Many investors remember the days when stock prices were quoted in fractions, using multiples of 1/8 as the base. This, however, was changed in April of 2001 when the Securities and Exchange Commission officially made sure all exchanges now use the decimal system to price equities. What's interesting about fractional quoting is that the trading system it was based on is nearly 400 years old. Almost four centuries ago, many international traders would use Spanish coins because of their standardized minting process and uniformity. The coins were so large that they were frequently divided into eight pieces, earning them the nickname "pieces of eight" and solidifying their place in pirate lore in the process. Since the Spanish trading system was so well established and used by international traders, the New York Stock Exchange (NYSE) based its own trading system on the Spanish method of using 1/8 fractions. When it was first established more than 200 years ago, the NYSE set the lowest amount a stock could move to 1/8 of a dollar, or 12.5 cents. That turned out to be quite the spread so the exchange eventually moved to a 1/16 denomination and, ultimately, the decimal system we use today.

Securities offered through Jacques Financial, LLC (JFLLC) a Broker-Dealer, Member FINRA and SIPC.Certain associates of Joseph W. Jacques, CPA, CFPTM are registered representatives of JFLLC. Joseph W. Jacques, CPA, CFPTM and JFLLC are affiliated. Investment advisory services are offered through Jacques Advisors, LLC an affiliate of JFLLC. Tax services are offered through Jacques & Associates Certified Public Accountants, LLC an affiliate of JFLLC.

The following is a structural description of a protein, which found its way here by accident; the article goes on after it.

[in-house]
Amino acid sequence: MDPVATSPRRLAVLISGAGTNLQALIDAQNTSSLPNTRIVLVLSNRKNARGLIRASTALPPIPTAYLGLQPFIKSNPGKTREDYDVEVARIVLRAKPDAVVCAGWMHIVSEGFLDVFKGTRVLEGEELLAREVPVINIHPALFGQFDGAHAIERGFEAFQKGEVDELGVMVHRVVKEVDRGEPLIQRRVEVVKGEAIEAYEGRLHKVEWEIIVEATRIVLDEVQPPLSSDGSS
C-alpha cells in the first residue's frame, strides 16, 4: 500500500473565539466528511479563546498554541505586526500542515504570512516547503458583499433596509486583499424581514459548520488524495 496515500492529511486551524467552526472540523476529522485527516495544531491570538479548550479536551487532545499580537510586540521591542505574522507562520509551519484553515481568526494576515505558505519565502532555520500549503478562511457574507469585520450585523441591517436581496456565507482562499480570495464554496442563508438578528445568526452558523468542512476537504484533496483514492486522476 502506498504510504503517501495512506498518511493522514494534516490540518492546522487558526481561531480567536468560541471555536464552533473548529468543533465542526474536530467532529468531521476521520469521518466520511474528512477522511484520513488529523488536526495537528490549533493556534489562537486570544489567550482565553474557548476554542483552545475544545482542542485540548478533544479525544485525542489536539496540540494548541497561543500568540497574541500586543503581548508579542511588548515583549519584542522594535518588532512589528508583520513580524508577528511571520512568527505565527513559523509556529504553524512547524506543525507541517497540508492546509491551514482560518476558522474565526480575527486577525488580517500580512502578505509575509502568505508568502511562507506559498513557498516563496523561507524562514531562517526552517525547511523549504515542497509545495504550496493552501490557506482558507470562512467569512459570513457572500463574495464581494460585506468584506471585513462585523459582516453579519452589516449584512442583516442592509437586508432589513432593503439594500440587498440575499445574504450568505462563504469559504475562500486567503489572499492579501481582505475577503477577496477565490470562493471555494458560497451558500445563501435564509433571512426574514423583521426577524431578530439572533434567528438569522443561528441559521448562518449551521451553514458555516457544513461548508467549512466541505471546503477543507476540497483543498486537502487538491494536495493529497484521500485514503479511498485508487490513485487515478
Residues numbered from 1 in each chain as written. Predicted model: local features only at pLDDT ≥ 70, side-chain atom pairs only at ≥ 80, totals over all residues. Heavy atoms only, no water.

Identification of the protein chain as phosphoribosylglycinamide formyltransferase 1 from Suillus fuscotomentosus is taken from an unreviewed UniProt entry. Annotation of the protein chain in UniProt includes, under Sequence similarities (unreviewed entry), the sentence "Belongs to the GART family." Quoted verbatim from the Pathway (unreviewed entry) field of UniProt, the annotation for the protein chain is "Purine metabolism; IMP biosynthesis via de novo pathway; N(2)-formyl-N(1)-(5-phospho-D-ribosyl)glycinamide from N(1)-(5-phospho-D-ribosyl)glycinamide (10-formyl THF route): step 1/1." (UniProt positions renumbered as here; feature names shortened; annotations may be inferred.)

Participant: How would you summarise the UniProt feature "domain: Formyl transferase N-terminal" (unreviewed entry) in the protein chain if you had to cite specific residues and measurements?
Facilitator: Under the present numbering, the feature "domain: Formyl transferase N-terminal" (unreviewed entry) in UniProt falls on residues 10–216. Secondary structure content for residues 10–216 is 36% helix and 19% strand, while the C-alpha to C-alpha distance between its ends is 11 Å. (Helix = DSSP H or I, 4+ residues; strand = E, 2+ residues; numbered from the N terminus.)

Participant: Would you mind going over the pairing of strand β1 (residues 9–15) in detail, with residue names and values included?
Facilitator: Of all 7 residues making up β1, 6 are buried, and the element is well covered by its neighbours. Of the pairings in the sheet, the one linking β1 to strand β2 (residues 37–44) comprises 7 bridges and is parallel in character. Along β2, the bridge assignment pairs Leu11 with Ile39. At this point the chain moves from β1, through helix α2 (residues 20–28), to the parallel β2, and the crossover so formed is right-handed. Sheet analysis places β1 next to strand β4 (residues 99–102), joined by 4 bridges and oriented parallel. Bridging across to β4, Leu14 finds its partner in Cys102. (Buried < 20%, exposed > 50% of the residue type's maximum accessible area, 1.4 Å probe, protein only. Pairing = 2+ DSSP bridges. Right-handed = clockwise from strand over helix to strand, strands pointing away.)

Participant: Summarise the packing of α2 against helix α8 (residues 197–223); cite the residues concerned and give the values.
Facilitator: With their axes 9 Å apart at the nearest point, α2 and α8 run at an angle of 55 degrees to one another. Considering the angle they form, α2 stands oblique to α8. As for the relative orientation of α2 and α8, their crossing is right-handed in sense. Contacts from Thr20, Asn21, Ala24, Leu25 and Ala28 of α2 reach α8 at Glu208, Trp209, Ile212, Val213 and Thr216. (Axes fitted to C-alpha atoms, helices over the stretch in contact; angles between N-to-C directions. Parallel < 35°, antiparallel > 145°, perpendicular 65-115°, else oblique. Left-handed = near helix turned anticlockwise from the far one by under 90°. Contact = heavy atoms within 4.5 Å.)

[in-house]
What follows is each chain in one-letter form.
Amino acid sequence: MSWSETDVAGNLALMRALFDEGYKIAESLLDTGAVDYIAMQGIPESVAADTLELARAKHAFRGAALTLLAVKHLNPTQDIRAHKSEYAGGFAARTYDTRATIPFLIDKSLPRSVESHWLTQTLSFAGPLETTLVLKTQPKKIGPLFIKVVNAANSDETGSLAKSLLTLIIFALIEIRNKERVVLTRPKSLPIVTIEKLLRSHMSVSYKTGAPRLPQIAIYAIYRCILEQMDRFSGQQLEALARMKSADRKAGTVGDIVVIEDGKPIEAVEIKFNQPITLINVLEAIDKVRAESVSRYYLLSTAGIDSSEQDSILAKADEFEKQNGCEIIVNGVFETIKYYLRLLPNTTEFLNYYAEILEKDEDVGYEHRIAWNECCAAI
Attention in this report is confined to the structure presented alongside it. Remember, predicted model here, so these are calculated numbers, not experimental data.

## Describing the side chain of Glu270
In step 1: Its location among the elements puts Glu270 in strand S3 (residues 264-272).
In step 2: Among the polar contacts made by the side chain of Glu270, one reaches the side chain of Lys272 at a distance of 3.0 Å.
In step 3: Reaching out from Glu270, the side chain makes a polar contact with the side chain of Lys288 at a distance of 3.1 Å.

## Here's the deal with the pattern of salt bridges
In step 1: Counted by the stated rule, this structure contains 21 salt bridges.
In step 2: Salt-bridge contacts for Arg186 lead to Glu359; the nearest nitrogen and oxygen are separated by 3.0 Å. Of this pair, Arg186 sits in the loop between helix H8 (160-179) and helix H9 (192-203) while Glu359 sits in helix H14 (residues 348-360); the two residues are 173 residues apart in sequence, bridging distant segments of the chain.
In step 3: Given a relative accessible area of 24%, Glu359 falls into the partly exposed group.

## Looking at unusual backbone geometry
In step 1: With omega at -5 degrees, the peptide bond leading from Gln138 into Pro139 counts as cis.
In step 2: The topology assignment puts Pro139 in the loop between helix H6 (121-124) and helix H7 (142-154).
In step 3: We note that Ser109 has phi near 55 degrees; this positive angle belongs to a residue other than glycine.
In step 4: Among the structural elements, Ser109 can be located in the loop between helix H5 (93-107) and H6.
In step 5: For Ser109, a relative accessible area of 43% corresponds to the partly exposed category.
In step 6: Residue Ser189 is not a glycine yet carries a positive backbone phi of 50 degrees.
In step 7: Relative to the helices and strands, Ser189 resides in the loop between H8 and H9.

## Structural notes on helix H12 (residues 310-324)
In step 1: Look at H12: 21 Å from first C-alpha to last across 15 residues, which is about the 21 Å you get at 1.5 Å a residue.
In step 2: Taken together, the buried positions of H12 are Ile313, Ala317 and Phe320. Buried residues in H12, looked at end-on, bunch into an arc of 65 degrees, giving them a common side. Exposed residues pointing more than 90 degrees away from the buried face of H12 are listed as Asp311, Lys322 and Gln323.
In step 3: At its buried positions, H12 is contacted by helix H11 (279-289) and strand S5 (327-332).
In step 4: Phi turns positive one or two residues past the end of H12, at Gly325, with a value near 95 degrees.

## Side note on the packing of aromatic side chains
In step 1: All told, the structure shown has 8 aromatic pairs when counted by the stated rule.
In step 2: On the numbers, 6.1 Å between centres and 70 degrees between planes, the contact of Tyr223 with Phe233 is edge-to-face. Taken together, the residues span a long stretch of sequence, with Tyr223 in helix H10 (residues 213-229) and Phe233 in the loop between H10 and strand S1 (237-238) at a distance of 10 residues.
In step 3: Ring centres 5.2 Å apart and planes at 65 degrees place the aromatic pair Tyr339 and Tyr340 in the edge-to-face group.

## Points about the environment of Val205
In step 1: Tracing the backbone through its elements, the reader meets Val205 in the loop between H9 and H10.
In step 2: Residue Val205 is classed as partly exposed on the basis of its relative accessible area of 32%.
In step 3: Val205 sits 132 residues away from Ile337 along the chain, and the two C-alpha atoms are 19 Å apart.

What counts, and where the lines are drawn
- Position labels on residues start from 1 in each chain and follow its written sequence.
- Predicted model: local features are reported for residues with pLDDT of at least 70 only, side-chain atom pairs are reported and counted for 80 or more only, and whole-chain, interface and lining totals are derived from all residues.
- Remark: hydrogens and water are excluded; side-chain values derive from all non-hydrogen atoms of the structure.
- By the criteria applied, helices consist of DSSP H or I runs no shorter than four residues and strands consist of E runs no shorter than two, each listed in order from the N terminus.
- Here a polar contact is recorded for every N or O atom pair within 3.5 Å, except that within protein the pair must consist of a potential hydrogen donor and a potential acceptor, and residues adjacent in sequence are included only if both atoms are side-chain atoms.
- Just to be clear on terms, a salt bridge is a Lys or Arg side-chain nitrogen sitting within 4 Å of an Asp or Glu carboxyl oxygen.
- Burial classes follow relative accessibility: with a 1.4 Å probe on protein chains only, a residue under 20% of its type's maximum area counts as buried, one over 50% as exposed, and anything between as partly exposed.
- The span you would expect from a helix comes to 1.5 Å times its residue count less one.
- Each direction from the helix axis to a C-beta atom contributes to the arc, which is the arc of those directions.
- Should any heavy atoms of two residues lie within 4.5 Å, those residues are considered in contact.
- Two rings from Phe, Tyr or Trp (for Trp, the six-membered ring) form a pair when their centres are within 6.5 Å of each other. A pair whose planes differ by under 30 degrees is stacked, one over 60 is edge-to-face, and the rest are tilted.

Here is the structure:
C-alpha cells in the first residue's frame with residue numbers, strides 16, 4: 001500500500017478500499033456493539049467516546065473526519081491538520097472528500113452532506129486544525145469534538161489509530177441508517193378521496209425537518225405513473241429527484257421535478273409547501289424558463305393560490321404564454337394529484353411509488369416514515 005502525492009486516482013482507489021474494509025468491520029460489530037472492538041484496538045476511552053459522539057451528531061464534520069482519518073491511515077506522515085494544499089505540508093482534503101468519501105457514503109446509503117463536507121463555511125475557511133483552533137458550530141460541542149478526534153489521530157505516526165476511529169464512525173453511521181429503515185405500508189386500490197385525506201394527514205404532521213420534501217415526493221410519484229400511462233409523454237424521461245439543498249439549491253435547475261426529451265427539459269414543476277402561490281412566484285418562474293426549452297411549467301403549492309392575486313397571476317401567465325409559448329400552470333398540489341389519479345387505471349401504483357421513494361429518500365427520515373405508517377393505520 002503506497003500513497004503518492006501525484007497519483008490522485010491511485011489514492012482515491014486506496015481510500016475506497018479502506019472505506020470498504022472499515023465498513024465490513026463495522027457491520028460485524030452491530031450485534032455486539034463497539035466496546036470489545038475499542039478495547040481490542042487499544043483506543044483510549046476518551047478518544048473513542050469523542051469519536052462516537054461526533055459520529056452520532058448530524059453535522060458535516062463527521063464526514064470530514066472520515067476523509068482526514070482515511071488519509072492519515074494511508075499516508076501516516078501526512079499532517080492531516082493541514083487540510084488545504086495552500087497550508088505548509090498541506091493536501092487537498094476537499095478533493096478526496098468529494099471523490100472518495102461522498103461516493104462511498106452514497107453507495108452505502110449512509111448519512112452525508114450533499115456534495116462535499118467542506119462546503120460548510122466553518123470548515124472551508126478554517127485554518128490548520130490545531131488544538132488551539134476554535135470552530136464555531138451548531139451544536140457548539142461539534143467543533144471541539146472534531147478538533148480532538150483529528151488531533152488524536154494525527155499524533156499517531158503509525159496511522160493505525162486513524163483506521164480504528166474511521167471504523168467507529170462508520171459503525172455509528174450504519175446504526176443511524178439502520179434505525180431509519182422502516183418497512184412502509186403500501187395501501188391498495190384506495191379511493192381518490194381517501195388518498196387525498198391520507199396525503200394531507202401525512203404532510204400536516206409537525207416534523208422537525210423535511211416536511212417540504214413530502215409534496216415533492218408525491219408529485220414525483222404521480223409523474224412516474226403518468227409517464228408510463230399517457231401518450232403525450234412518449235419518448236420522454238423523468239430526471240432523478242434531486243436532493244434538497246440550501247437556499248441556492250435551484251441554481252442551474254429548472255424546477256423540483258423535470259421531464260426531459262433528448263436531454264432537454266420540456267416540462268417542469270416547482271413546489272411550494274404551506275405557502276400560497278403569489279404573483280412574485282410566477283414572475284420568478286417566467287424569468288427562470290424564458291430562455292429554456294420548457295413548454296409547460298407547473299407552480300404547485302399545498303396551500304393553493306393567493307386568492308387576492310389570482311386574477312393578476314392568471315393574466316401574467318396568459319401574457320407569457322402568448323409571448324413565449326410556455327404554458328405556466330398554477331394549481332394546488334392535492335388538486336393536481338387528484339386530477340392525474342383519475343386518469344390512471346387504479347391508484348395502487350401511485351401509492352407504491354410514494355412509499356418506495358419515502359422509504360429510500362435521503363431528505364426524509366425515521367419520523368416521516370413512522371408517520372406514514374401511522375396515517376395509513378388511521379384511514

This newsletter was written and prepared by CWM, LLC. Content in this material is for general information only and not intended to provide specific advice or recommendations for any individual. All performance referenced is historical and is no guarantee of future results. All indices are unmanaged and may not be invested into directly.


The Dow Jones Industrial Average is comprised of 30 stocks that are major factors in their industries and widely held by individuals and institutional investors.


The NASDAQ Composite Index measures all NASDAQ domestic and non-U.S. based common stocks listed on The NASDAQ Stock Market. The market value, the last sale price multiplied by total shares outstanding, is calculated throughout the trading day, and is related to the total value of the Index.


The Standard & Poor’s 500 Index is a capitalization weighted index of 500 stocks designed to measure performance of the broad domestic economy through changes in the aggregate market value of 500 stocks representing all major industries.


The Nikkei 225 Average Index is a Japanese index that tracks the top 225 companies listed on the Tokyo Stock Exchange. It includes the most liquid Japanese stocks listed in the first section of the Tokyo Stock Exchange. It is price-weighted and yen-denominated.


The MSCI Europe Index captures large- and mid-cap companies across 15 developed markets countries in Europe.


The Shanghai Composite Index is a market index of all stocks (A shares and B shares) that are traded on the Shanghai Stock Exchange. It tracks the largest publicly traded companies in China.

Forbes, August 2016.

Wall street Journal, November 2014.

CNBC, August 2016.

CNBC, August 2016.

CNBC, August 2016.

CNBC, August 2016.

Wikipedia, 2016.

Investopedia, 2016.